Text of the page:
According to the United States Office of Energy Efficiency & Renewable Energy, in 2021 just over 50% of all trips were three miles or less.8

Source: Estimated for the Bureau of Transportation Statistics by the Maryland Transportation Institute and Center for Advanced Transportation Technology Laboratory at the University of Maryland. The travel statistics are produced from an anonymized national panel of mobile device data from multiple sources.

If the average resident of the US or Canada is as physically capable as the average resident of England, then even the trips in the third and fourth categories on the chart above would be feasible for many people on e-assist bikes. That would make bikes and e-bikes practical options for about 80% of trips – as long as there is safe infrastructure on which to ride those e-bikes.

The benefits of a switch by a significant segment of the population to e-bikes for many of their daily journeys would include not only a substantial reduction in traffic, but also a reduction in CO2 emissions, better health for the people making that lifestyle change, and significant cost reductions both for individuals and for cities.

Citing AAA figures, Michael Thomas wrote this month that

“After fuel, maintenance, insurance, taxes, and the like, owning and driving a new car in America costs $10,728 a year. My e-bike, by comparison, cost $2,000 off the rack and has near-negligible recurring charges.”

If a typical two-car family can trade one of their cars for an e-bike, that can make suburban housing suddenly much more affordable. But even the cost savings aren’t “the real reason you should get an e-bike,” Thomas wrote, because

“Study after study shows that people with longer car commutes are more likely to experience poor health outcomes and lower personal well-being—and that cyclists are the happiest commuters.”9

Should your municipality consider offering subsidies to encourage e-bike use? Consider that a $400 (US) subsidy could cover from 20% to 40% of the cost of a good e-bike, while that amount would be too small to be relevant to the potential buyer of an electric car. Consider also that e-bike charging stations could be installed at libraries, schools, shopping malls, and other destinations at a small fraction of the cost of electric car chargers, with little or no need to install electric grid upgrades.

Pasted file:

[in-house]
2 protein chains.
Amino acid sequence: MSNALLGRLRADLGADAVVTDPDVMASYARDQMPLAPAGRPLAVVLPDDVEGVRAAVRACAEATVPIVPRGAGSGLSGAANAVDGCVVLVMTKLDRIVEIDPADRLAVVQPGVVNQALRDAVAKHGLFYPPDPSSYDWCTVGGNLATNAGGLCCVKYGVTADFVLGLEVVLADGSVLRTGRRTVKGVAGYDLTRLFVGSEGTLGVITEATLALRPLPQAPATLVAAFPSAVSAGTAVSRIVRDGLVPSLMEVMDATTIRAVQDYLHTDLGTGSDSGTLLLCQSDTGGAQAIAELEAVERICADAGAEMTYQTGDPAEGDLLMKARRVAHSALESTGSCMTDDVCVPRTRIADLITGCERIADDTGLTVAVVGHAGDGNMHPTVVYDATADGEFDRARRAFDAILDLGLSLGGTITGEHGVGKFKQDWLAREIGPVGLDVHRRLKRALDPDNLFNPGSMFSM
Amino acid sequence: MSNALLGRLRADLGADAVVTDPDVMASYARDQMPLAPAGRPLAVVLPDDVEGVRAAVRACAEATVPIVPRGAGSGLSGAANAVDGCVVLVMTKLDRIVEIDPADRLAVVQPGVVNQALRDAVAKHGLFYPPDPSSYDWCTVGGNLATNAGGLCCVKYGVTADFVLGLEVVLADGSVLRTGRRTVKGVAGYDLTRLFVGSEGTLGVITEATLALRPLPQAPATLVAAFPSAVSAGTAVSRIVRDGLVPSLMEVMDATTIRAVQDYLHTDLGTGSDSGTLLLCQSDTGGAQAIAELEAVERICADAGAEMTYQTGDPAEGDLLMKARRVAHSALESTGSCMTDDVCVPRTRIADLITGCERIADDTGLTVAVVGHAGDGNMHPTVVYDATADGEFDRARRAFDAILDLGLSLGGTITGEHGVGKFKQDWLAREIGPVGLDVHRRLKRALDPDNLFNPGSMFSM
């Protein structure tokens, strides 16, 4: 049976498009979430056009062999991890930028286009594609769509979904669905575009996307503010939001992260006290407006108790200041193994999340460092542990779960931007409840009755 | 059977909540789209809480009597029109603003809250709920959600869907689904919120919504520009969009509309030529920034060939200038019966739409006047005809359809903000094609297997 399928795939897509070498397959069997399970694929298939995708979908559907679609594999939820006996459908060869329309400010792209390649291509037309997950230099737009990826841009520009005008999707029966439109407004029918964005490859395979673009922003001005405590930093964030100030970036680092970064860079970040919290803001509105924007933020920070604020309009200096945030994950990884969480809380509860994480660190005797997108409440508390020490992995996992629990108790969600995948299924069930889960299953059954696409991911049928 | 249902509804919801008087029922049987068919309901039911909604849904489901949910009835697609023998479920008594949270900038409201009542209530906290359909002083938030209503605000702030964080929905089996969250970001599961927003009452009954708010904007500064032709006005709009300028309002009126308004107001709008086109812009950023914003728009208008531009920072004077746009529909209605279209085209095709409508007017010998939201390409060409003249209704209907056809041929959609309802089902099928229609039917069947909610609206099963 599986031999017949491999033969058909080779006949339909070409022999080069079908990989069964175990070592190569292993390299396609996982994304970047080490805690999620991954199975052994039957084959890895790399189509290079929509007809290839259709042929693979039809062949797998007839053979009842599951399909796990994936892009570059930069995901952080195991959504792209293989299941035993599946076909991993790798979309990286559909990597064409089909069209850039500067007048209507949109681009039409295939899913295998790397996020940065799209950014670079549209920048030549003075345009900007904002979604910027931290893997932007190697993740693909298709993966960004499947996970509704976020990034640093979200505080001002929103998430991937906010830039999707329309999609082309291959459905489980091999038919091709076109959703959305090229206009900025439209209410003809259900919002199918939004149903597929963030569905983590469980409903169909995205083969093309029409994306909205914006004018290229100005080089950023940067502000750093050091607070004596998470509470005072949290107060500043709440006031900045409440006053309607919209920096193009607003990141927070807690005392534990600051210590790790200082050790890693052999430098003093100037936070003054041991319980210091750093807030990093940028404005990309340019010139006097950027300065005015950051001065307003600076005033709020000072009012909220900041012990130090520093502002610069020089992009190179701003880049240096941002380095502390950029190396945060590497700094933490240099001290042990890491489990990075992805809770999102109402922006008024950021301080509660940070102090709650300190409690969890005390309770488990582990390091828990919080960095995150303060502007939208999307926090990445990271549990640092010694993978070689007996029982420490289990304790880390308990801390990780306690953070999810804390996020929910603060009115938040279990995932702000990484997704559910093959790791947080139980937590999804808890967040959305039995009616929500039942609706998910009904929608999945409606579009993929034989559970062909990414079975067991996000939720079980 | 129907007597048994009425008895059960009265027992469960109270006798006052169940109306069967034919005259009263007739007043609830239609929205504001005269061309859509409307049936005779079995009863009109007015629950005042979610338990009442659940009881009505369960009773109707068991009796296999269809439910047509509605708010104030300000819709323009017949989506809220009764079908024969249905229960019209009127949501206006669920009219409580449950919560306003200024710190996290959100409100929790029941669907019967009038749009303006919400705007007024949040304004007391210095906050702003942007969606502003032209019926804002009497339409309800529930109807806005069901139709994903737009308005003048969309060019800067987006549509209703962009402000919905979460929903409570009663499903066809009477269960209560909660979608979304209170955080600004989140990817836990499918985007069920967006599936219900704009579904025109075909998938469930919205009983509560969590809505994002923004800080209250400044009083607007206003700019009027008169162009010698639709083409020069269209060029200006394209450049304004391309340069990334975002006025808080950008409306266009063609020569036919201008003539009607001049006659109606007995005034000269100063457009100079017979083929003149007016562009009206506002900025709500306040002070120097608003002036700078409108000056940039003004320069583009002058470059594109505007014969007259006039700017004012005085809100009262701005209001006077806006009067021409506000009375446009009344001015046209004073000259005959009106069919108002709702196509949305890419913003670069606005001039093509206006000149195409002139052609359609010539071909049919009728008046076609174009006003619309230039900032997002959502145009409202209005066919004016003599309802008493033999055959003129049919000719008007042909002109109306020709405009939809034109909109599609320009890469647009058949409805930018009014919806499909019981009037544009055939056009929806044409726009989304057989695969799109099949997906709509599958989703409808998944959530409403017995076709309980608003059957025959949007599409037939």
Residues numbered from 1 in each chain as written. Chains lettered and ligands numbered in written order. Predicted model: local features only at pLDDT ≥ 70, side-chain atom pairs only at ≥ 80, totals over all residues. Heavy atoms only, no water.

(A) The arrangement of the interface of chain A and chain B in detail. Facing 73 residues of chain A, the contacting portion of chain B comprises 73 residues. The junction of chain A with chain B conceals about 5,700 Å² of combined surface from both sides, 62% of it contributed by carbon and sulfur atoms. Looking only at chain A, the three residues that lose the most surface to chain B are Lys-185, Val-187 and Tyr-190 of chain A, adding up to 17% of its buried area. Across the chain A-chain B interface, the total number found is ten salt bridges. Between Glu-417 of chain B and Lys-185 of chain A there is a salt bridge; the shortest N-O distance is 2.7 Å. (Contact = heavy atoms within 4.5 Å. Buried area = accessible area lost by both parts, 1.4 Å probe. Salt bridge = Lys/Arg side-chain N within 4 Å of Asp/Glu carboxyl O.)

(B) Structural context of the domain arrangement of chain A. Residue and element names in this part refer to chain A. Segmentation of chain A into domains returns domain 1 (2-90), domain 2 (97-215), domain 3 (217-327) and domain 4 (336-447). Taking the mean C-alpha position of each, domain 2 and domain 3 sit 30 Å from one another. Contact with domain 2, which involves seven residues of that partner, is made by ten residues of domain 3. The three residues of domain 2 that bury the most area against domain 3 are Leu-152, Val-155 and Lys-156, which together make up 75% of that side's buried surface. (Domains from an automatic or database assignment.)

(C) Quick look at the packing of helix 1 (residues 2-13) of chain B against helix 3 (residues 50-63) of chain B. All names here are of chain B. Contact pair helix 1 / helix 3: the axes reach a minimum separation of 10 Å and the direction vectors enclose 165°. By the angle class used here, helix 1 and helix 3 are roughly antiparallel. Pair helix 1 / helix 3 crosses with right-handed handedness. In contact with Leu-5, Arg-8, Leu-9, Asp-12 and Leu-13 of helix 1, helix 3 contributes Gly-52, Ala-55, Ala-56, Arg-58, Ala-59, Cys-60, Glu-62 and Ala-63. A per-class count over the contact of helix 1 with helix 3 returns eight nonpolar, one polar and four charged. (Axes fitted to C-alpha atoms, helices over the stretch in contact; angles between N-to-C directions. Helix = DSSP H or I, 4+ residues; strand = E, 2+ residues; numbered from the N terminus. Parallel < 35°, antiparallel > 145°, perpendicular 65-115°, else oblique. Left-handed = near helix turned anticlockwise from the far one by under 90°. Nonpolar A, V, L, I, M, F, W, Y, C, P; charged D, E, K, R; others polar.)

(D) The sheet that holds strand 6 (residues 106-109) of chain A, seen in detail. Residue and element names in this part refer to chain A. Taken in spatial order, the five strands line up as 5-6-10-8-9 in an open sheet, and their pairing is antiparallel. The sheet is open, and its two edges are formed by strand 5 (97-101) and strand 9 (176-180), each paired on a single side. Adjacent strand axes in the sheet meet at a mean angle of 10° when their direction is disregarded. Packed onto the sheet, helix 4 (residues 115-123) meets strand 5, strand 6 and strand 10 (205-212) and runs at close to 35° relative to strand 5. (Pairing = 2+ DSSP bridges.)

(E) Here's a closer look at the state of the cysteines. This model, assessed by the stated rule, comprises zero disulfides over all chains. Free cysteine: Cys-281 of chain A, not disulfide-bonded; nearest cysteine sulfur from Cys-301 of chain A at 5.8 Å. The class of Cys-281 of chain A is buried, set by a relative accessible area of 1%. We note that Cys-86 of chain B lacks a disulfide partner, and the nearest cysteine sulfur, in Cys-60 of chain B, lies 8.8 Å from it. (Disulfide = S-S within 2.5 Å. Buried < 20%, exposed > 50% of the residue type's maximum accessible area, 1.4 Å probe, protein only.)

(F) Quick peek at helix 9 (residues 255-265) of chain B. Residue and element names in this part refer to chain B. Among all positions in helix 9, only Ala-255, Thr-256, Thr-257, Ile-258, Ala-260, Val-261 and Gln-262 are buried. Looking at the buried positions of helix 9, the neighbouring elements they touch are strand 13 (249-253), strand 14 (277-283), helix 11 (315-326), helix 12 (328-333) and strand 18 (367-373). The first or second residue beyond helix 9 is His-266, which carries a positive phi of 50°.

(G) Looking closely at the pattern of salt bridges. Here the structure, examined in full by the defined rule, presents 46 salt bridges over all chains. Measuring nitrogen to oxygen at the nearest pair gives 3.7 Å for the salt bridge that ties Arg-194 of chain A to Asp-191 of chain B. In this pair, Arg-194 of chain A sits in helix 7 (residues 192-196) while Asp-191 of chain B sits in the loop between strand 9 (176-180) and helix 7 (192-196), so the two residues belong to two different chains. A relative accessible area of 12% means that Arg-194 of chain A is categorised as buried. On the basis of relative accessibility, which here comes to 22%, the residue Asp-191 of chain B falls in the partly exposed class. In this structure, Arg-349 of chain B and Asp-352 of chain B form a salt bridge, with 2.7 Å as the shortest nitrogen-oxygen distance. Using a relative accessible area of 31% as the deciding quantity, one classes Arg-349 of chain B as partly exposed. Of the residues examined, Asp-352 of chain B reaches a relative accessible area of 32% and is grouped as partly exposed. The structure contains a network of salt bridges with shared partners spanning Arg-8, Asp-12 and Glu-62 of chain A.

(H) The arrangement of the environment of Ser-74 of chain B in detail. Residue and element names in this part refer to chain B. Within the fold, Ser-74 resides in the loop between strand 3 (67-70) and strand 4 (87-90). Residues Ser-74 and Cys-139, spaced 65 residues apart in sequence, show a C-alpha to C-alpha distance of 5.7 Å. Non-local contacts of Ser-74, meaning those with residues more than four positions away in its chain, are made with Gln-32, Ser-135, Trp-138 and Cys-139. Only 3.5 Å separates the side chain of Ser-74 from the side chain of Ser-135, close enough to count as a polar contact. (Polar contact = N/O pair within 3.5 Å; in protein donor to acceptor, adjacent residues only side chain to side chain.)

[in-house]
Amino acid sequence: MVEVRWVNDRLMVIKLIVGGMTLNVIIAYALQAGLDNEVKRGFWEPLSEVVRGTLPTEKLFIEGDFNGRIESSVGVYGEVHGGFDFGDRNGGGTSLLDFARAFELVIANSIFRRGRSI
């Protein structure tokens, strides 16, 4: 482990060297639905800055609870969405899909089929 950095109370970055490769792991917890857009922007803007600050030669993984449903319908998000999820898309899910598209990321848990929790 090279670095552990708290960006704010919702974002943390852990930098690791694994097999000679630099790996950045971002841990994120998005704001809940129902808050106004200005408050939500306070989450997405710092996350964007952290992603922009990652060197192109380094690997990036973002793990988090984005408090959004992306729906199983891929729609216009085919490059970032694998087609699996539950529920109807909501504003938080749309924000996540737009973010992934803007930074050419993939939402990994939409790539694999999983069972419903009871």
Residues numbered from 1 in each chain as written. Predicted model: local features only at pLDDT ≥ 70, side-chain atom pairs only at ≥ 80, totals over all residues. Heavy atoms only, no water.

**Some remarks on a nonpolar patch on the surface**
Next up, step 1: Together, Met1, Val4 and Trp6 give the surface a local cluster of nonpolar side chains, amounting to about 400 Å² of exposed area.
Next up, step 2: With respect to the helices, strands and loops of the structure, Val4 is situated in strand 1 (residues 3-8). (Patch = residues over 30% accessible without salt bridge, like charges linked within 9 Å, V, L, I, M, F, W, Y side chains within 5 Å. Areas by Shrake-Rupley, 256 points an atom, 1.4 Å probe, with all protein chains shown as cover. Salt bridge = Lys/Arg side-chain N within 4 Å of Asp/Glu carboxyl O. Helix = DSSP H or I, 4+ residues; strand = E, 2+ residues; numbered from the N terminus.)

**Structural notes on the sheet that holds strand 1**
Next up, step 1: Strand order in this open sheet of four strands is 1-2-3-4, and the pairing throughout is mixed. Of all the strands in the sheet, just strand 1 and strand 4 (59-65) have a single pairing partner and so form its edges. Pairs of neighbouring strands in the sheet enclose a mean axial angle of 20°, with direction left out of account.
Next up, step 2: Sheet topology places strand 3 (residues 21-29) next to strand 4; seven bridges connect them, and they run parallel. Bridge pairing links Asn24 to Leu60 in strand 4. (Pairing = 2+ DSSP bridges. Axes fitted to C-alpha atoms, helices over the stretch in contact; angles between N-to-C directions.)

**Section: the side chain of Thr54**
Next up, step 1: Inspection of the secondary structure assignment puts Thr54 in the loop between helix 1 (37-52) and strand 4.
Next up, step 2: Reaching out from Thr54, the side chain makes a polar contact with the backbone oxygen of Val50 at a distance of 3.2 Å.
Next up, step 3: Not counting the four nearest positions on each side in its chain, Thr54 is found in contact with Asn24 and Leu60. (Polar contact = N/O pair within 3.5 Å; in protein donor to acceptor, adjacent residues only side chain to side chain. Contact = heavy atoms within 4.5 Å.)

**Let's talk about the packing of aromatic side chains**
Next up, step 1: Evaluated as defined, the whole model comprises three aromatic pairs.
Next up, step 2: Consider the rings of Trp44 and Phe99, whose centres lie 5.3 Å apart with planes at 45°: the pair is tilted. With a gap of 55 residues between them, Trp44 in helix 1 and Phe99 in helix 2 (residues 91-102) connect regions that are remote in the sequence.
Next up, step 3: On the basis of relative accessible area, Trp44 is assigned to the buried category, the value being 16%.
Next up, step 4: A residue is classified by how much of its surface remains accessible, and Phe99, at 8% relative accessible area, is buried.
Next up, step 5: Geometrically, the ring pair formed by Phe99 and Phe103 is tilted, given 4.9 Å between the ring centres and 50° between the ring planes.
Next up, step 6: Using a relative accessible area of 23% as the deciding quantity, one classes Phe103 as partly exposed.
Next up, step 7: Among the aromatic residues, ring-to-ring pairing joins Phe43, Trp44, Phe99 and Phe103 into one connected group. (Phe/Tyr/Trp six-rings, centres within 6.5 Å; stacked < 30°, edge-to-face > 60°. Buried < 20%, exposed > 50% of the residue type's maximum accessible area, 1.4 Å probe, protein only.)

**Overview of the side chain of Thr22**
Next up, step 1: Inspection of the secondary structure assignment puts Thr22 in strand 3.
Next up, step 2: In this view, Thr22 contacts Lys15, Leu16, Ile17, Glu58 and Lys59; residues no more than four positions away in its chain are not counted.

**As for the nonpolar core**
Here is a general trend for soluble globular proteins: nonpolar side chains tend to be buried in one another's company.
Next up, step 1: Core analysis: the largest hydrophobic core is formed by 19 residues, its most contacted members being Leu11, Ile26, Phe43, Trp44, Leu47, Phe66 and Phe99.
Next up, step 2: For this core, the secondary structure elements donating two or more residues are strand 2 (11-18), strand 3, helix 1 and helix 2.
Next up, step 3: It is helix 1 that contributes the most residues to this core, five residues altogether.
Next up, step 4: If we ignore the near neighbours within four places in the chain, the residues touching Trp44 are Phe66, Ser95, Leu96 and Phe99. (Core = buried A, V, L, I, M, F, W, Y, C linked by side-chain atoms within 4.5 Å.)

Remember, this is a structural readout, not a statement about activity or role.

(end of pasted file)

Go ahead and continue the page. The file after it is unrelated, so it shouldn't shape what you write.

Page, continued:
* * *

There are a host of complications in transforming car-dependent suburbs. When I started this series on car-dependent suburbs, I planned to finish with one post on making the transformation to walkable, bikeable communities. That concluding post has now stretched to three long posts and I’ve just scratched the surface.

Clearly the best option would be to stop digging ourselves into these holes: stop building car-dependent suburbs now. But if you’re already in a car-dependent suburb, the time to start the transition to a walkable community is also now.


Notes

1 In “The Strong Towns Approach to Public Investment,” by Charles Marohn, Strong Towns, Sept 23, 2019.

2 See The Open Streets Project for information on these programs.

3 Part of the Vision Zero Cities 2023 conference sponsored by Transportation Alternatives, Oct 18, 2023.

4 “Walking to the Strip Mall: Retrofitting Informal Pedestrian Paths,” by Nico Larco, in Retrofitting Sprawl: Addressing Seventy Years of Failed Urban Form, edited by Emily Talen, University of Georgia Press, 2015.

Walkable City, 10th Anniversary Edition, by Jeff Speck, Picador, 2022, page 72.

Free electric bikes? How many US cities and states are handling e-bike subsidies,” electric.co, 19 Feb 2023.

E-bikes and their capability to reduce car CO2 emissions,” by Ian Philips, Jillian Anable and Tim Chatterton, Transport Policy, February 2022.

More than Half of all Daily Trips Were Less than Three Miles in 2021,” US Office of Energy Efficiency & Renewable Energy, March 21, 2022.

The real reason you should get an e-bike,” by Michael Thomas, The Atlantic, 20 Oct 2023.


Photo at top of page: “A man walks south on Cobb Parkway just south of Southern Polytechnic State University and Life University, a stretch of US 41 lacking sidewalks almost entirely. He’s got a long walk ahead to find the next crosswalk, which is 0.9 miles from the last one at Highway 120 — a stretch that is also almost completely devoid of sidewalks on both sides of the street.” Photo by Transportation For America, Metro Atlanta Pedestrians series, on Flickr, taken March 30, 2012, licensed via CC 2 BY-NC-ND 2.0 DEED.

Turning a new leaf in suburbia

Also published on Resilience

Social critic James Howard Kunstler referred to suburban sprawl as “the greatest misallocation of resources in history.”1 In his view, “The suburbs have three destinies – as slums, salvage yards, and ruins.”2